The Terrace Houses in Ephesus, Turkey were used from the 1st century to 7th century AD, and then were abandoned. Around this time, after the devastating Arab raids and the continued silting up of the harbor, the remaining inhabitants of Ephesus moved to Ayasuluk hill (near the Basilica of St. John).
After being abandoned, the Terrace Houses gradually fell into decay. However, a number of them were filled with soil from landslips, which preserved them and their contents. The houses at Ephesus are equal, if not superior, to those found at Pompeii and Herculaneum in terms of preservation and importance. Their decor and furnishings provide a great deal of information about the lifestyle of the Ephesian upper class in the Roman and Byzantine periods.
There is a research and restoration effort on the "Terrace House" that is at the corner of two streets, near the library. This house structure is very large, incorporating several families' living spaces. This tour is an optional and additional cost to the entry to Ephesus, so our group was able to see it relatively undisturbed. The entire site is covered by a structure of panels, allowing diffuse lighting and helping to control the heat of the sun.
The public walkways over the site are supported by glass panels so that the visitors can see the mosiacs underfoot. This is a little freaky when climbing to the upper levels, as the walkways cross open spaces where rooms have no roofs and there's a large gap to the floor below.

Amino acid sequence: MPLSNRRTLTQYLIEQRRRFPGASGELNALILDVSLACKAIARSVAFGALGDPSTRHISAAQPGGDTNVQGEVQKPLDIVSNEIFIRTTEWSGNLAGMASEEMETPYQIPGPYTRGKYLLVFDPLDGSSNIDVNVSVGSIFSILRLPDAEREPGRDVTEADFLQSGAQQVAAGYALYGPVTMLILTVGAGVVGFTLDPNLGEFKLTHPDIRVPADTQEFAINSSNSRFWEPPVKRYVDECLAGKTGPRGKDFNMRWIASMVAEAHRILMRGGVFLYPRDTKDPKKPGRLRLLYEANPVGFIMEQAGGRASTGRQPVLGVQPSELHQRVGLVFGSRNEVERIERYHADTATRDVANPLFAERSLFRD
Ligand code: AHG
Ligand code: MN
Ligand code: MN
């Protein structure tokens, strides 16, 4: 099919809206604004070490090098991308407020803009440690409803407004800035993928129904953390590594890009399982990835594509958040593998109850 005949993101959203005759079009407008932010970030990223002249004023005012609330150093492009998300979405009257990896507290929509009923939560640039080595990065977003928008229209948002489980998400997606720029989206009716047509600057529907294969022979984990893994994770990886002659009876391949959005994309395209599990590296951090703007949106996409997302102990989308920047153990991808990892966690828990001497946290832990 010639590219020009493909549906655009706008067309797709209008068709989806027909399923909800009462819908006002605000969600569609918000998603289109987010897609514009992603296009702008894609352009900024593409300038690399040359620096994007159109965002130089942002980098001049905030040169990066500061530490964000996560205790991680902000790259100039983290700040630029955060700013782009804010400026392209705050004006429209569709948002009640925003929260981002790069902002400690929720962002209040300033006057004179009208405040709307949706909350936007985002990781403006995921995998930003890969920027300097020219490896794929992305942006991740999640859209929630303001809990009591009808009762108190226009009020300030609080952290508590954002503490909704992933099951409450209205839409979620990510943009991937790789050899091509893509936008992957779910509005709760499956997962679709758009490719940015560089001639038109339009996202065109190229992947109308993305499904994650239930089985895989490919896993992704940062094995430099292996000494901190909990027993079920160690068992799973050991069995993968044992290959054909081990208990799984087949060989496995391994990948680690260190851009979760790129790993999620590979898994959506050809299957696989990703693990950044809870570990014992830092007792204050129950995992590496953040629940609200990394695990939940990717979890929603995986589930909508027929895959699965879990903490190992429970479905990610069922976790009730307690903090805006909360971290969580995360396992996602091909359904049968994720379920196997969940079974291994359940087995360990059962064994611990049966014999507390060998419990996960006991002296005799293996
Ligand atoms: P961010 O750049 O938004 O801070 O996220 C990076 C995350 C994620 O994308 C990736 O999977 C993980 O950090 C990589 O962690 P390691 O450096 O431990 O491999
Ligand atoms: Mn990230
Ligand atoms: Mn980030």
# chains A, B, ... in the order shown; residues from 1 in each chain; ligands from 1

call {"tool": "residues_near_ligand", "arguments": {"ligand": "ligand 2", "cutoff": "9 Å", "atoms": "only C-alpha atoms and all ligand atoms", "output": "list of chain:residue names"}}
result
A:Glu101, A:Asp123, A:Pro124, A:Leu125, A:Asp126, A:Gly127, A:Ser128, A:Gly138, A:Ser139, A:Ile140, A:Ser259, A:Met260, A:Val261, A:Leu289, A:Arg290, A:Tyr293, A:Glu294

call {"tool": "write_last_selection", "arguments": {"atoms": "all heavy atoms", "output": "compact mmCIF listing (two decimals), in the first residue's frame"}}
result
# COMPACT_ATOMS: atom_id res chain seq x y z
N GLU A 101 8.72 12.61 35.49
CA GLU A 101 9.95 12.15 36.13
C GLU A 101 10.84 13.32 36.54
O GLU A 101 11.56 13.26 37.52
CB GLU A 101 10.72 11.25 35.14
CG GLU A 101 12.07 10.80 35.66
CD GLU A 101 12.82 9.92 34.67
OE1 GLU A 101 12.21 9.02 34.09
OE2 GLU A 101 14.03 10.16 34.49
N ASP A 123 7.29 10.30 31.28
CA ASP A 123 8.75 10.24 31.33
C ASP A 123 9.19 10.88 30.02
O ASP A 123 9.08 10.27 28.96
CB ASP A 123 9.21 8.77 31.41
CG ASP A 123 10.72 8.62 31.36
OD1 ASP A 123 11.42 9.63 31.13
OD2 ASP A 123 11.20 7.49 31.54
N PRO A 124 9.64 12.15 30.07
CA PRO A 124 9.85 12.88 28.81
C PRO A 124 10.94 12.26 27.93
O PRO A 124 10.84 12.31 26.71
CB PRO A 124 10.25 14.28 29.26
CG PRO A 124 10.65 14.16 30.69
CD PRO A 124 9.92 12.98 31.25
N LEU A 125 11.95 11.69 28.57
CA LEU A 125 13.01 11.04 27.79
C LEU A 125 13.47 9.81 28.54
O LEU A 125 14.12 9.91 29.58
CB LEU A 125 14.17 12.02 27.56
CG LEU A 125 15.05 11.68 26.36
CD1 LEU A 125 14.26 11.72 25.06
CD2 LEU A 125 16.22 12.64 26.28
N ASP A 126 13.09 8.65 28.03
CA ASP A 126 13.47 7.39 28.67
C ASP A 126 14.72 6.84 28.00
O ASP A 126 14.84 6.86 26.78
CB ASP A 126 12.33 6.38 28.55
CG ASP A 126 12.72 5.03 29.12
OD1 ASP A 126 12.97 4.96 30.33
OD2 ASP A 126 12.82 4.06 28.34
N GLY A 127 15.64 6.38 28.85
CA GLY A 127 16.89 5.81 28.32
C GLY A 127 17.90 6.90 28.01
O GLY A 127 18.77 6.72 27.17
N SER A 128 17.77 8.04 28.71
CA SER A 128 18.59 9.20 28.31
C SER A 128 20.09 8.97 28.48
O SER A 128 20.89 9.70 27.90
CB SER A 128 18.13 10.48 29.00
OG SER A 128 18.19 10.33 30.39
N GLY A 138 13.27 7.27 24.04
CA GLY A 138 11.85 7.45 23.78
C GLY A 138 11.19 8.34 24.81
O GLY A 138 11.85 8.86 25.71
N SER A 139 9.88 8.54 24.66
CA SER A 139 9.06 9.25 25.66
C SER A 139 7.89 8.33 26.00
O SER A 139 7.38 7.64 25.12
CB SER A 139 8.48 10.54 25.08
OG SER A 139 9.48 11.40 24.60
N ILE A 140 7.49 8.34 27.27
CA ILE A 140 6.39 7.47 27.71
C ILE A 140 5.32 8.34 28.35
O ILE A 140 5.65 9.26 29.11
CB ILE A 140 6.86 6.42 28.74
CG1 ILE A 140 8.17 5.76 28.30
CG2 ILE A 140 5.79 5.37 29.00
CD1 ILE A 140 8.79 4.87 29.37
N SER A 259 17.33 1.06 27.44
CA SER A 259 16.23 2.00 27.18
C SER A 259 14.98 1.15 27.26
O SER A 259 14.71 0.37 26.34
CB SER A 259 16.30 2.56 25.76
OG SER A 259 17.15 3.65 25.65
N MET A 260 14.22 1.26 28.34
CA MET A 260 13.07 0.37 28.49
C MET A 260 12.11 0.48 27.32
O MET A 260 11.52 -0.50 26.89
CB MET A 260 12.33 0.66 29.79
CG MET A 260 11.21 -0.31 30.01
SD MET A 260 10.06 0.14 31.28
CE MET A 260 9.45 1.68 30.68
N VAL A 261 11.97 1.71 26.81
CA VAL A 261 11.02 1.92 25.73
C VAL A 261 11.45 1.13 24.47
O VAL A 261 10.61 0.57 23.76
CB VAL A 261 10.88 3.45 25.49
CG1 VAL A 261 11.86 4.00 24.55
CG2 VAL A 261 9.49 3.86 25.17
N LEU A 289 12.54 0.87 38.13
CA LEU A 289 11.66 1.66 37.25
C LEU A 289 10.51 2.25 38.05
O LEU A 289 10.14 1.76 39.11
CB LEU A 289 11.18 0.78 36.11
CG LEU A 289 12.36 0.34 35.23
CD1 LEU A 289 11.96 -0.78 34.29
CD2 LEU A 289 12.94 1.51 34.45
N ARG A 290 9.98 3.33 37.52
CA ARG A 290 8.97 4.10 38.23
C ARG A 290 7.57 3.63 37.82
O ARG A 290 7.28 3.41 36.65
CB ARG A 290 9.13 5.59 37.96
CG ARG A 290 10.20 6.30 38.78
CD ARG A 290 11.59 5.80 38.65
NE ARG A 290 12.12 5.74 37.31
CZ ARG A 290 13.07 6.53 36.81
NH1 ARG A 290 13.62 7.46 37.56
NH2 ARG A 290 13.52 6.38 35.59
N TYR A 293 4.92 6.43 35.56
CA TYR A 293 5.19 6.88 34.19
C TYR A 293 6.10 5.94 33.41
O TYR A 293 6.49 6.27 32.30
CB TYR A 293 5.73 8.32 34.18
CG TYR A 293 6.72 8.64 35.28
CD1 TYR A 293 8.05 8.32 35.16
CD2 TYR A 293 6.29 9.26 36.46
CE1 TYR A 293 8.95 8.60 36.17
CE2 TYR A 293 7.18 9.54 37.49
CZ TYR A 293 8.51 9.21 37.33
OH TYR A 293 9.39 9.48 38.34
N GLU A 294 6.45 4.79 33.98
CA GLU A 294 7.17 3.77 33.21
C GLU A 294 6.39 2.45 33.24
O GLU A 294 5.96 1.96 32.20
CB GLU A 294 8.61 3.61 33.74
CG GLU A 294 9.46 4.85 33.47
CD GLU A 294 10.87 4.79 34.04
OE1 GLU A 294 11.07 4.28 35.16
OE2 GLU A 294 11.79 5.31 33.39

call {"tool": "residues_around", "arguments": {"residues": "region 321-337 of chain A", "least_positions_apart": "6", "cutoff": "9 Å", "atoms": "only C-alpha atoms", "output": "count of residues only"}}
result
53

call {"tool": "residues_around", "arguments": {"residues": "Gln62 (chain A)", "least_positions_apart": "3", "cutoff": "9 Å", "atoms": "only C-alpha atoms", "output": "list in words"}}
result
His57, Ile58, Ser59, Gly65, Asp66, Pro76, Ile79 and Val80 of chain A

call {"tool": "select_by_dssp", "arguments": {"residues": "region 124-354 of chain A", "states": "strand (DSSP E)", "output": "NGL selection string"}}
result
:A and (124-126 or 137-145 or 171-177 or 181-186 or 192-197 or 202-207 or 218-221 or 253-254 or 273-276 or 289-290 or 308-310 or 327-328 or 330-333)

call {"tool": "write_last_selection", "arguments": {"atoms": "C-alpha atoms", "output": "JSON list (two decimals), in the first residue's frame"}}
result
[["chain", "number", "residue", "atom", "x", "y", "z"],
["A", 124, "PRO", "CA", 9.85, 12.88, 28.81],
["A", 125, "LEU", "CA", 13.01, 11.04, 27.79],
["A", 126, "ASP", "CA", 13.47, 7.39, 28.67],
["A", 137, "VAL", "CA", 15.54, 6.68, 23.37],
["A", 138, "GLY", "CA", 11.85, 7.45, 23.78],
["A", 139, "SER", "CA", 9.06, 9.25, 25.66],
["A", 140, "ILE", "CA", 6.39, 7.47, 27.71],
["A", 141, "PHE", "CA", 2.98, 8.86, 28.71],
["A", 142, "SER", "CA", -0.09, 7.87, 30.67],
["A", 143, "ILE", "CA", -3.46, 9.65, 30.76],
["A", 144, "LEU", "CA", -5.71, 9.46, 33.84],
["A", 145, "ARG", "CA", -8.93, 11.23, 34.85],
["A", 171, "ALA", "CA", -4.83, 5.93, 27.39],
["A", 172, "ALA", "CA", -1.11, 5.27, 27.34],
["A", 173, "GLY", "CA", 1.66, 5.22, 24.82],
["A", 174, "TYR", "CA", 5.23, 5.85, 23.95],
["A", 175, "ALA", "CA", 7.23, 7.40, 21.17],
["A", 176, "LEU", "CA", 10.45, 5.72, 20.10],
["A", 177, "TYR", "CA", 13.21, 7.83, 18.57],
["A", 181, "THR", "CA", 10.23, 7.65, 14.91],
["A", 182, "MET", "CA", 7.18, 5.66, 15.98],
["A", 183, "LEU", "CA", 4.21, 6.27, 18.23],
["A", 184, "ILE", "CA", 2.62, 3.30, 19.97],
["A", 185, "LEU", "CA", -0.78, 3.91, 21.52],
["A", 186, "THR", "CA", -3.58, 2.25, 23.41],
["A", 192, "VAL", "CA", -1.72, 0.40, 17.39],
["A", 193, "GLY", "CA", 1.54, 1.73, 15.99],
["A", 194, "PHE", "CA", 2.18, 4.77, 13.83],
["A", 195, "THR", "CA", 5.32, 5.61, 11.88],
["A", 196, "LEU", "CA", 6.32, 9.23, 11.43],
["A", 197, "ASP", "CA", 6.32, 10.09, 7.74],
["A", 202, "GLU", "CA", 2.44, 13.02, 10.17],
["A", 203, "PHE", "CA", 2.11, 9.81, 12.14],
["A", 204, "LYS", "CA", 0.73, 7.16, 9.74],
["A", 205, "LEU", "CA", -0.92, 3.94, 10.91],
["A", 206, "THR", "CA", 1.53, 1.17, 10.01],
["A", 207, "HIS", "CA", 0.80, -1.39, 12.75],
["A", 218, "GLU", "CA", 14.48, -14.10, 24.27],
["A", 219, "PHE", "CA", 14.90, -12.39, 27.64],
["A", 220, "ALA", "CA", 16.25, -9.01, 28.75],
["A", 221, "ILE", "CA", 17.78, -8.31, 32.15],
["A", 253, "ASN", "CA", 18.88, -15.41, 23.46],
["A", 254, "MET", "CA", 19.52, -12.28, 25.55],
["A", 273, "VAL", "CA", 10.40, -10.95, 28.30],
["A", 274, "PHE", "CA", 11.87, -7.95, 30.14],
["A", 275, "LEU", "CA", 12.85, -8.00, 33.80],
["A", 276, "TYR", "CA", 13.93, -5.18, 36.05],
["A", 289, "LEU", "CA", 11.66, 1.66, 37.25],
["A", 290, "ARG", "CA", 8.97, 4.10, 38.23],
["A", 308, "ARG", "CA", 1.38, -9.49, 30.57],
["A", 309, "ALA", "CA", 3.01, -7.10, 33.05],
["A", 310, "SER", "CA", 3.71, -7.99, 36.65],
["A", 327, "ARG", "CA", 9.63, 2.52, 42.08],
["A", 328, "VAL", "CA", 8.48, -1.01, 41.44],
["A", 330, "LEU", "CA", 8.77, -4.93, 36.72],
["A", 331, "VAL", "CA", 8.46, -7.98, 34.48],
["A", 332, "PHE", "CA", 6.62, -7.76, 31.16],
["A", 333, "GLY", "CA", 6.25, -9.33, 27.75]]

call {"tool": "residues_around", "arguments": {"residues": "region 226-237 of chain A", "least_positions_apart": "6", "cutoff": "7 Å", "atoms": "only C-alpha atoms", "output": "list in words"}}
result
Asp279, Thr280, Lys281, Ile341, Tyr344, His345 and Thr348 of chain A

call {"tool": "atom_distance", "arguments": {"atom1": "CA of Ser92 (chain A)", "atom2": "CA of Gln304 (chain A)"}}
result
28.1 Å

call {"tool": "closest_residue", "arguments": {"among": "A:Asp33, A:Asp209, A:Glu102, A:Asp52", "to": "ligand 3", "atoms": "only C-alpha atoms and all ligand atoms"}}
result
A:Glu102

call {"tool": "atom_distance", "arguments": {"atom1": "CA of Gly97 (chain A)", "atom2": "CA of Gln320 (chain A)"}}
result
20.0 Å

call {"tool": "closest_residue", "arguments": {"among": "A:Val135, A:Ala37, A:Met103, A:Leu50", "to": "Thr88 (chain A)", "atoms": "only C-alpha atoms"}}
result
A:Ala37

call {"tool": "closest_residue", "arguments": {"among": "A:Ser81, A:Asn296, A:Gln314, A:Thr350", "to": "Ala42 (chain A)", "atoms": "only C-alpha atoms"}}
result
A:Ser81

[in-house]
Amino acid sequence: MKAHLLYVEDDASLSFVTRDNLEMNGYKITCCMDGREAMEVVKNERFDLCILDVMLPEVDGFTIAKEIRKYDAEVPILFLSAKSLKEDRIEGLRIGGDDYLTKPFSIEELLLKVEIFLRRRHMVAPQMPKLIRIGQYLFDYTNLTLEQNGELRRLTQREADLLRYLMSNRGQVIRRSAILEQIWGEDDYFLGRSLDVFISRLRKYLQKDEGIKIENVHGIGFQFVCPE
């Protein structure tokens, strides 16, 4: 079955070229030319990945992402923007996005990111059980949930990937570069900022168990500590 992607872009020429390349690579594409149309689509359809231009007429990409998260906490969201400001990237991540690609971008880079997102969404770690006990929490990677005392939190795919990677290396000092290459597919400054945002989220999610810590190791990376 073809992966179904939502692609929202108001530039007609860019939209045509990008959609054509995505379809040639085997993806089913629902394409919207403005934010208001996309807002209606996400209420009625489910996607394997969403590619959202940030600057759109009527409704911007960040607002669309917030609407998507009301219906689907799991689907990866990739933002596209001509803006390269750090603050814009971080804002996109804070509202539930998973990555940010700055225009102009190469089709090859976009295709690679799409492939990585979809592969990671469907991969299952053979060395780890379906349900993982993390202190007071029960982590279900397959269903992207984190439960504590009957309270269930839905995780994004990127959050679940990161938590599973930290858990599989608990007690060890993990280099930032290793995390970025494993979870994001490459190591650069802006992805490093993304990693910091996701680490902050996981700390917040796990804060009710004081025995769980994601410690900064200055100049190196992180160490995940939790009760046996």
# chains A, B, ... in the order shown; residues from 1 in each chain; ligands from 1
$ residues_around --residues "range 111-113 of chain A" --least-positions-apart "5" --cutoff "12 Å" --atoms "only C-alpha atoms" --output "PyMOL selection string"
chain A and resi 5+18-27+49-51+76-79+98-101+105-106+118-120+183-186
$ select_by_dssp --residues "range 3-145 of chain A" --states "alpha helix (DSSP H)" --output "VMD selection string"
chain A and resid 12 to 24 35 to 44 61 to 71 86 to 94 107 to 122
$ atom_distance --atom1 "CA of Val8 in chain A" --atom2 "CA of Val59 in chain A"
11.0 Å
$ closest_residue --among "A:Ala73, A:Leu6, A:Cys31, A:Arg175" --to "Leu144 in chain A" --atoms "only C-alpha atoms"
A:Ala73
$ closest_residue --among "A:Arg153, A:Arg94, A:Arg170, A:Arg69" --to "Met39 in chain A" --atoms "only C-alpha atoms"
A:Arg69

Fabulous exhibit, easily one of the highlights of our trip. Just opened around 2000; extra fee, but well worth it. They roofed over this set of luxury dwellings (dubbed Terrace House 2 by the archaeologists) and built stairways and glass-bottomed walkways that lead visitors on an Escheresque path through the ruins.
In the archaic period (7th to 6th century BCE), this flanking hillside was used as a cemetery. In Hellenistic times (c. 200 BCE), it was extensively terraced and also saw less-structured development. In the Roman period, it was the high-rent district. This complex, built in early Roman Imperial times (c. 20 CE), was a luxury 4000-square-meter (43,000-square-foot) insula (multifamily dwelling) consisting of 7 two-storey townhouses.